The Labour government in response to the public outrage on bankers' pay promised to increase transparency by introducing legislation that would force banks to reveal the pay of their top earners. It wouldn’t name and shame but it would, for example, show how many people were earning more than £1 million or more than £10 million in any one bank.
The Labour government in response to the public outrage on bankers’ pay promised to increase transparency by introducing legislation that would force banks to reveal the pay of their top earners. It wouldn’t name and shame but it would, for example, show how many people were earning more than £1 million or more than £10 million in any one bank.
This step towards greater transparency in terms of pay is exactly the sort of policy that the High Pay Commission will be looking at in its exploration of high pay in the private sector. Particularly as greater transparency may be part of the answer, in other countries such as Sweden and Germany individuals and companies have to reveal who gets paid what and as a result pay differentials are not as great as in the UK.
However, equally it can be part of the problem, if it is not executed well, as case studies show that when individuals know how much their contempories are paid it can push the wages ever upwards as happened at the University of California.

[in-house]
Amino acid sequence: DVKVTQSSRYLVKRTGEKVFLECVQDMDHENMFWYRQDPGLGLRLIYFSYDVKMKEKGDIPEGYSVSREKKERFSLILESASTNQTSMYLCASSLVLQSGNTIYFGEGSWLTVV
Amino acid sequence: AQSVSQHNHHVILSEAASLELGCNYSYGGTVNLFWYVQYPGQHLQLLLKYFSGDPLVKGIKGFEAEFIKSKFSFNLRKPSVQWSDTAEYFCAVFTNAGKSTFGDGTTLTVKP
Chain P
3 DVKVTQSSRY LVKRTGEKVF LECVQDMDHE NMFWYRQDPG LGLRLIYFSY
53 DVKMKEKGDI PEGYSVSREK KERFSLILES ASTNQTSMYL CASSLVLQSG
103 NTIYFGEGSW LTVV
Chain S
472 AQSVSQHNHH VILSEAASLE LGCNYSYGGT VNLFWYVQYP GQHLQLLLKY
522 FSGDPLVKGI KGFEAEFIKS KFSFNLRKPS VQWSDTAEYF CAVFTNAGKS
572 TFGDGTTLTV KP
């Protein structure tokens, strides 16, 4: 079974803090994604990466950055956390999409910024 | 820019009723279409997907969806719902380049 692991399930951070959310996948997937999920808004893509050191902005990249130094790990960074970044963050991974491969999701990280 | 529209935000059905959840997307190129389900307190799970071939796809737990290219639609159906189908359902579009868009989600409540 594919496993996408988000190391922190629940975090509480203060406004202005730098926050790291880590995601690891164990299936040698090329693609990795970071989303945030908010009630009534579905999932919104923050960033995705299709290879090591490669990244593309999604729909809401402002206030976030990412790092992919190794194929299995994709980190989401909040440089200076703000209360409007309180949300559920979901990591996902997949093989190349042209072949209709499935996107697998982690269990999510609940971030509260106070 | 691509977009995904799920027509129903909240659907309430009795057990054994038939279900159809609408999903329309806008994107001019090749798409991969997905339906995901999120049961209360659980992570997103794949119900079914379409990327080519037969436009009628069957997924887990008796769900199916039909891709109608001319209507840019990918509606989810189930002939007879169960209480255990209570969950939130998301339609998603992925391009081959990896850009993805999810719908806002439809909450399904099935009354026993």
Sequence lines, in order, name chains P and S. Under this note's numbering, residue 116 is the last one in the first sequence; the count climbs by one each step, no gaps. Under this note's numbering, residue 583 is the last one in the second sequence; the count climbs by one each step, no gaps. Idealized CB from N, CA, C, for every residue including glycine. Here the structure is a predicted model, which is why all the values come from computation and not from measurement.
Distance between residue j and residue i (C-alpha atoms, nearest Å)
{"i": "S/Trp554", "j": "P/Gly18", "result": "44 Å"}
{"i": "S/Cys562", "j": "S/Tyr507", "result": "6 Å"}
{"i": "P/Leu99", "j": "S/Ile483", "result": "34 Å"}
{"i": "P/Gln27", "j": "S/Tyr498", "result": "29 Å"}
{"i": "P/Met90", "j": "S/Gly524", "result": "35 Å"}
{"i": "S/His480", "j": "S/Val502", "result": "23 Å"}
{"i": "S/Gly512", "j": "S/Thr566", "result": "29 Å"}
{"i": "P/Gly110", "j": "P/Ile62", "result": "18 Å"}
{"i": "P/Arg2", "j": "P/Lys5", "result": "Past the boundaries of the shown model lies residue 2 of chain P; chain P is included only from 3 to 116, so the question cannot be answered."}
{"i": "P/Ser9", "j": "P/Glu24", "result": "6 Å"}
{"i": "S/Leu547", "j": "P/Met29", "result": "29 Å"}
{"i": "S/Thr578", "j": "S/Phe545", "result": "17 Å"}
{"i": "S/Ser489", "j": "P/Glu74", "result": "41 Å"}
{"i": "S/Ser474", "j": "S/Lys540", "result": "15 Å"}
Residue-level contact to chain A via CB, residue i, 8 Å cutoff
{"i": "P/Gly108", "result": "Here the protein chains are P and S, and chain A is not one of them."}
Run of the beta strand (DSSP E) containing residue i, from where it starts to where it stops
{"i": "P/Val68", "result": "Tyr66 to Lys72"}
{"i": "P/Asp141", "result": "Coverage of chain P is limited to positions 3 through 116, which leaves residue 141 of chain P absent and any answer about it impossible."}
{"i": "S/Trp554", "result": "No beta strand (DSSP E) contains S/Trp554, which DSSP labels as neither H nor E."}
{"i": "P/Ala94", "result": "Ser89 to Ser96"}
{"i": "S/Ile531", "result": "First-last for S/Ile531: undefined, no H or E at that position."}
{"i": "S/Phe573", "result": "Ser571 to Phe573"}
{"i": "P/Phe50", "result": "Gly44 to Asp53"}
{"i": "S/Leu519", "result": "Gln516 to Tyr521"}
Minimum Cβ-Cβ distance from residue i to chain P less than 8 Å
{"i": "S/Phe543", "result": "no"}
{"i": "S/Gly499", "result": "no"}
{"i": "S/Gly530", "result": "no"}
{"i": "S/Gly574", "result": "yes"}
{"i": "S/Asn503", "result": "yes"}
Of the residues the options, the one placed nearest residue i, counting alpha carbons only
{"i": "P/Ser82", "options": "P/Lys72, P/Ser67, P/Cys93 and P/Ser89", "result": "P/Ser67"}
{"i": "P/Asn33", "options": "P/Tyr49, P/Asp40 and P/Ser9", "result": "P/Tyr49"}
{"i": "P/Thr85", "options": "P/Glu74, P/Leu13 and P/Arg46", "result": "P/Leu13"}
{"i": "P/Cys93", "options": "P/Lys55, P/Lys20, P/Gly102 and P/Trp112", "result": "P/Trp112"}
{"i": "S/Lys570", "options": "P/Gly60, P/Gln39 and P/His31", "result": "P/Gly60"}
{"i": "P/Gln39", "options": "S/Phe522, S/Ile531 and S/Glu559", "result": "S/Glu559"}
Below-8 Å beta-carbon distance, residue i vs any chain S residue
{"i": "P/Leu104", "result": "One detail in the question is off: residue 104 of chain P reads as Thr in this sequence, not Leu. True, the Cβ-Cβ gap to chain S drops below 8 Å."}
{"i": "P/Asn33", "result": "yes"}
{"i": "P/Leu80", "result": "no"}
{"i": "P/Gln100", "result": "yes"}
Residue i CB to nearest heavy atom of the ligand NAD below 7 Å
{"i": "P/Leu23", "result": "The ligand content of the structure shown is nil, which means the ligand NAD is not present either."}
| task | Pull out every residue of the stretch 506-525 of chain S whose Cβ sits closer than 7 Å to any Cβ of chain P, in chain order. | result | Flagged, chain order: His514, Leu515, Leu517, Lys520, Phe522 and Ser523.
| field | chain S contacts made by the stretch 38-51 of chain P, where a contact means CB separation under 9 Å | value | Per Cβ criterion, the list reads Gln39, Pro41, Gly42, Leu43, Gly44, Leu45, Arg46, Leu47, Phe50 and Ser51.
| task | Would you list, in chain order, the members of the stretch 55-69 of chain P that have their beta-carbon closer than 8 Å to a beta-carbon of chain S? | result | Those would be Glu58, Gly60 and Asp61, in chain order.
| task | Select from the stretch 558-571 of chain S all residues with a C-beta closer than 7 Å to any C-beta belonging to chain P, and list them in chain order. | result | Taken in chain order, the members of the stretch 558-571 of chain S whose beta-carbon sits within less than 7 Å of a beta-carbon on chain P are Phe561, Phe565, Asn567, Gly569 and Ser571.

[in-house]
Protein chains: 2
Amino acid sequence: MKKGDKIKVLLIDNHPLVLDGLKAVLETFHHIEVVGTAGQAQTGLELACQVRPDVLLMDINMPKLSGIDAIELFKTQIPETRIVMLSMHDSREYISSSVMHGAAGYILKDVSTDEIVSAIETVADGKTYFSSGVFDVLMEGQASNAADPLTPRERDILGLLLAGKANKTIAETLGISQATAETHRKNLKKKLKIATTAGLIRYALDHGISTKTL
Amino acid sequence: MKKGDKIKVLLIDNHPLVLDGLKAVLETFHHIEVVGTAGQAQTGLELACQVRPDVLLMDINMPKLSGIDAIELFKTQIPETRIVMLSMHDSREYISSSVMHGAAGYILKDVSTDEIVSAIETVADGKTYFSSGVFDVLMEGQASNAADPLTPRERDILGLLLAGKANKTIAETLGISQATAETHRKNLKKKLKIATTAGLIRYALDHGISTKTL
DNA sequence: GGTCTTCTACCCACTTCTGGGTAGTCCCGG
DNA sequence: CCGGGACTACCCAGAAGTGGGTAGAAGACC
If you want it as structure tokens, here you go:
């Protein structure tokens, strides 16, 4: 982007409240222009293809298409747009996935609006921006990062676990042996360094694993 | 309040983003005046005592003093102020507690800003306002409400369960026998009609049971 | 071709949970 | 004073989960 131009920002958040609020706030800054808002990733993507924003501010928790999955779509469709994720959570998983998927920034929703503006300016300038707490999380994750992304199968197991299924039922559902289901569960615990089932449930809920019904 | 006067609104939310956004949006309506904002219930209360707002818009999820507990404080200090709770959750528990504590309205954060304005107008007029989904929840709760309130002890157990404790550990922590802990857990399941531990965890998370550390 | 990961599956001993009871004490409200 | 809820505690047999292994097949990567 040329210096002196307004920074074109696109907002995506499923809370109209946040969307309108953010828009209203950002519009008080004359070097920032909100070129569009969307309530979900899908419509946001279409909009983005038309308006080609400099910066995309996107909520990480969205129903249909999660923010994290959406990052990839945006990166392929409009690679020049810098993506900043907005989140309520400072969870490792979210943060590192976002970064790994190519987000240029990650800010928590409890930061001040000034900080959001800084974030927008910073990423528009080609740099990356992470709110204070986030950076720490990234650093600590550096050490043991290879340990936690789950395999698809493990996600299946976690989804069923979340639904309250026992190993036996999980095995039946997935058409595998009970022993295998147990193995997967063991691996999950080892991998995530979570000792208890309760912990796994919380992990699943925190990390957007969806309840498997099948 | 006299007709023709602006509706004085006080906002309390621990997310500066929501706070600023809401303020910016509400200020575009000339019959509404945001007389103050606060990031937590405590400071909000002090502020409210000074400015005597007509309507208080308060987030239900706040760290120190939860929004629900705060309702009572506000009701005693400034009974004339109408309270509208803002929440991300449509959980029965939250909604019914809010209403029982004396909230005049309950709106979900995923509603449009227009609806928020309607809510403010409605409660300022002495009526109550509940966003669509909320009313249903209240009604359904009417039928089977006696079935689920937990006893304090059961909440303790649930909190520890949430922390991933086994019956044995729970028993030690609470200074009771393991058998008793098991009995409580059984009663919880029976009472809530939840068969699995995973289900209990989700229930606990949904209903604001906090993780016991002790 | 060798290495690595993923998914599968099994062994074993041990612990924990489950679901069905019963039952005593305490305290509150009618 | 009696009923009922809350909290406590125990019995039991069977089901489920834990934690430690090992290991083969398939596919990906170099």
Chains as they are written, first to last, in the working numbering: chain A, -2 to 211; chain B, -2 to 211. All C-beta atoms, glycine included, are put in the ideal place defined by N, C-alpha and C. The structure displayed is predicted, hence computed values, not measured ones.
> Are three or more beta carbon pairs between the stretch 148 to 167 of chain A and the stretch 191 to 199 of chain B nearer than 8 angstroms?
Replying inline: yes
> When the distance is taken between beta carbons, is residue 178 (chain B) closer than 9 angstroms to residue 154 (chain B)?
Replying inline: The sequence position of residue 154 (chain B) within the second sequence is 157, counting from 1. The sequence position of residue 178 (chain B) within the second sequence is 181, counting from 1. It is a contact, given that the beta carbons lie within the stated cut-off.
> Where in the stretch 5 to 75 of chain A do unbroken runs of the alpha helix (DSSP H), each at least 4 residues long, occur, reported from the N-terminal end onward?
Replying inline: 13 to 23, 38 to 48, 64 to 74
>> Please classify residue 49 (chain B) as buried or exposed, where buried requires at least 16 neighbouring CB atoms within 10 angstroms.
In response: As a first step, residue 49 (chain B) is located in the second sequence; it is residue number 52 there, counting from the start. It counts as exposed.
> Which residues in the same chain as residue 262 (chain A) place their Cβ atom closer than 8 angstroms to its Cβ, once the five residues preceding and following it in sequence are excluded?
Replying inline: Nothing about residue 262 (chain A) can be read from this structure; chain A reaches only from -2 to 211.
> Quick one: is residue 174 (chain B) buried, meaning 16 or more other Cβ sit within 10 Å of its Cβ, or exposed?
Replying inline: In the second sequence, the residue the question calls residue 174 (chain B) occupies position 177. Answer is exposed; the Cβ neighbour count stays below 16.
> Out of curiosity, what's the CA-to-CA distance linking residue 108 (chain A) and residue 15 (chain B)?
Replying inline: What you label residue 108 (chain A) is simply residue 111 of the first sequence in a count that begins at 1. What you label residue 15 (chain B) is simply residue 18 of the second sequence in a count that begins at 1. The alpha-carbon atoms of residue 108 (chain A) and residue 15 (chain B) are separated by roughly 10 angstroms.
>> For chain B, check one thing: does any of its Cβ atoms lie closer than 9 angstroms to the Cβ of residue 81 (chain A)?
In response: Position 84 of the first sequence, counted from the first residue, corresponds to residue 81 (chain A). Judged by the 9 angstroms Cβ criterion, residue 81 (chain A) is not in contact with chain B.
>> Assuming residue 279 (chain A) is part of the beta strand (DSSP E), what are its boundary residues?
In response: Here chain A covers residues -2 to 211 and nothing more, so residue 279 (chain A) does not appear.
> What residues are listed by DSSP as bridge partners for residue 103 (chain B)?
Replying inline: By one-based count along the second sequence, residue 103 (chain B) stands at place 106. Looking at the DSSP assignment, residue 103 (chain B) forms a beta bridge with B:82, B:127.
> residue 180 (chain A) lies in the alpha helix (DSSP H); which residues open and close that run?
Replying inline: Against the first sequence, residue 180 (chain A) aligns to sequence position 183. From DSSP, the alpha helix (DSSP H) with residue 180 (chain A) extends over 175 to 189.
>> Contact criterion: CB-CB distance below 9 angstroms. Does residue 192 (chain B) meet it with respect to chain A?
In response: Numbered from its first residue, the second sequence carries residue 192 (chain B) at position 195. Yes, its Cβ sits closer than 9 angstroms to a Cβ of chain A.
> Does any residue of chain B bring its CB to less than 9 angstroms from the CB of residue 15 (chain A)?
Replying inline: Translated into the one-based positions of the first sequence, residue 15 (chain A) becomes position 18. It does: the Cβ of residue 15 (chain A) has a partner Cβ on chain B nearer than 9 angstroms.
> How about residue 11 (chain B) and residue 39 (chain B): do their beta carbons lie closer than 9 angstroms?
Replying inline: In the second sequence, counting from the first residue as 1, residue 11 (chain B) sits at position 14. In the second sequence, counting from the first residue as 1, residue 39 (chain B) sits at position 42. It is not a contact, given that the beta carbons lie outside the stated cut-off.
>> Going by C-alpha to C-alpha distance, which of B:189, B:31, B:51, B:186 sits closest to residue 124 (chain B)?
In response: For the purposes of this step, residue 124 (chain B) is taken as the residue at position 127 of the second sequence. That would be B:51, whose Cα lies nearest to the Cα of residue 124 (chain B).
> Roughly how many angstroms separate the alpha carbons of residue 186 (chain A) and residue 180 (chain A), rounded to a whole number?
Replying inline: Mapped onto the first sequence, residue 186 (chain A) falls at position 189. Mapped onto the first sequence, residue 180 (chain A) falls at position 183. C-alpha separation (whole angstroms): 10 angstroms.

Over the coming year the High Pay Commission will look into these issues in an open public debate. There is a significant public interest in the issue of high pay, particularly in relation to bankers and it is therefore concerning that the coalition government seems keen to kick this policy and this issue into the long grass.
As we approach the latest round of announcements on bankers’ bonuses and the public face the biggest cuts in a generation there is no doubt that the temperature will rise. The public have a very real sense of fairness and as they watch their local library close they will feel a deep anger about the bankers who got us into this mess reaping large returns. Businesses and banks are a part of our society, they are our economy, yet they depend on public trust and good will.
When the people who run them become so dislocated from the society they sit within, or the workers who work for them, because of the level of remuneration, they will struggle to understand the very people they depend on. A business as usual attitude for the banks is the wrong move to make; the public simply won’t accept it.
Even the bankers seem to recognise this, as yesterday they held discussions with the British Bankers Association on reducing the size of their bonus pools from £7billion to £4billion. The outcome of these talks is yet to be seen and perhaps they will result in some action but it is clear they simply won’t be enough.
A short term decision on bonuses this year misses the point that what is needed is a systematic exploration of how pay was linked to short term risk taking that is in turn linked to the financial crisis. Without this, any action will fail at the first hurdle.
Pay is a complicated issue, whether it is bankers, CEOs, footballers, or X Factor stars there are issues relating to the effect that these high paid individuals have on their industries, the economy and society. The High Pay Commission will be exploring this in depth – if you want to find out more visit www.highpaycommission.co.uk or follow us on twitter @highpaycom.
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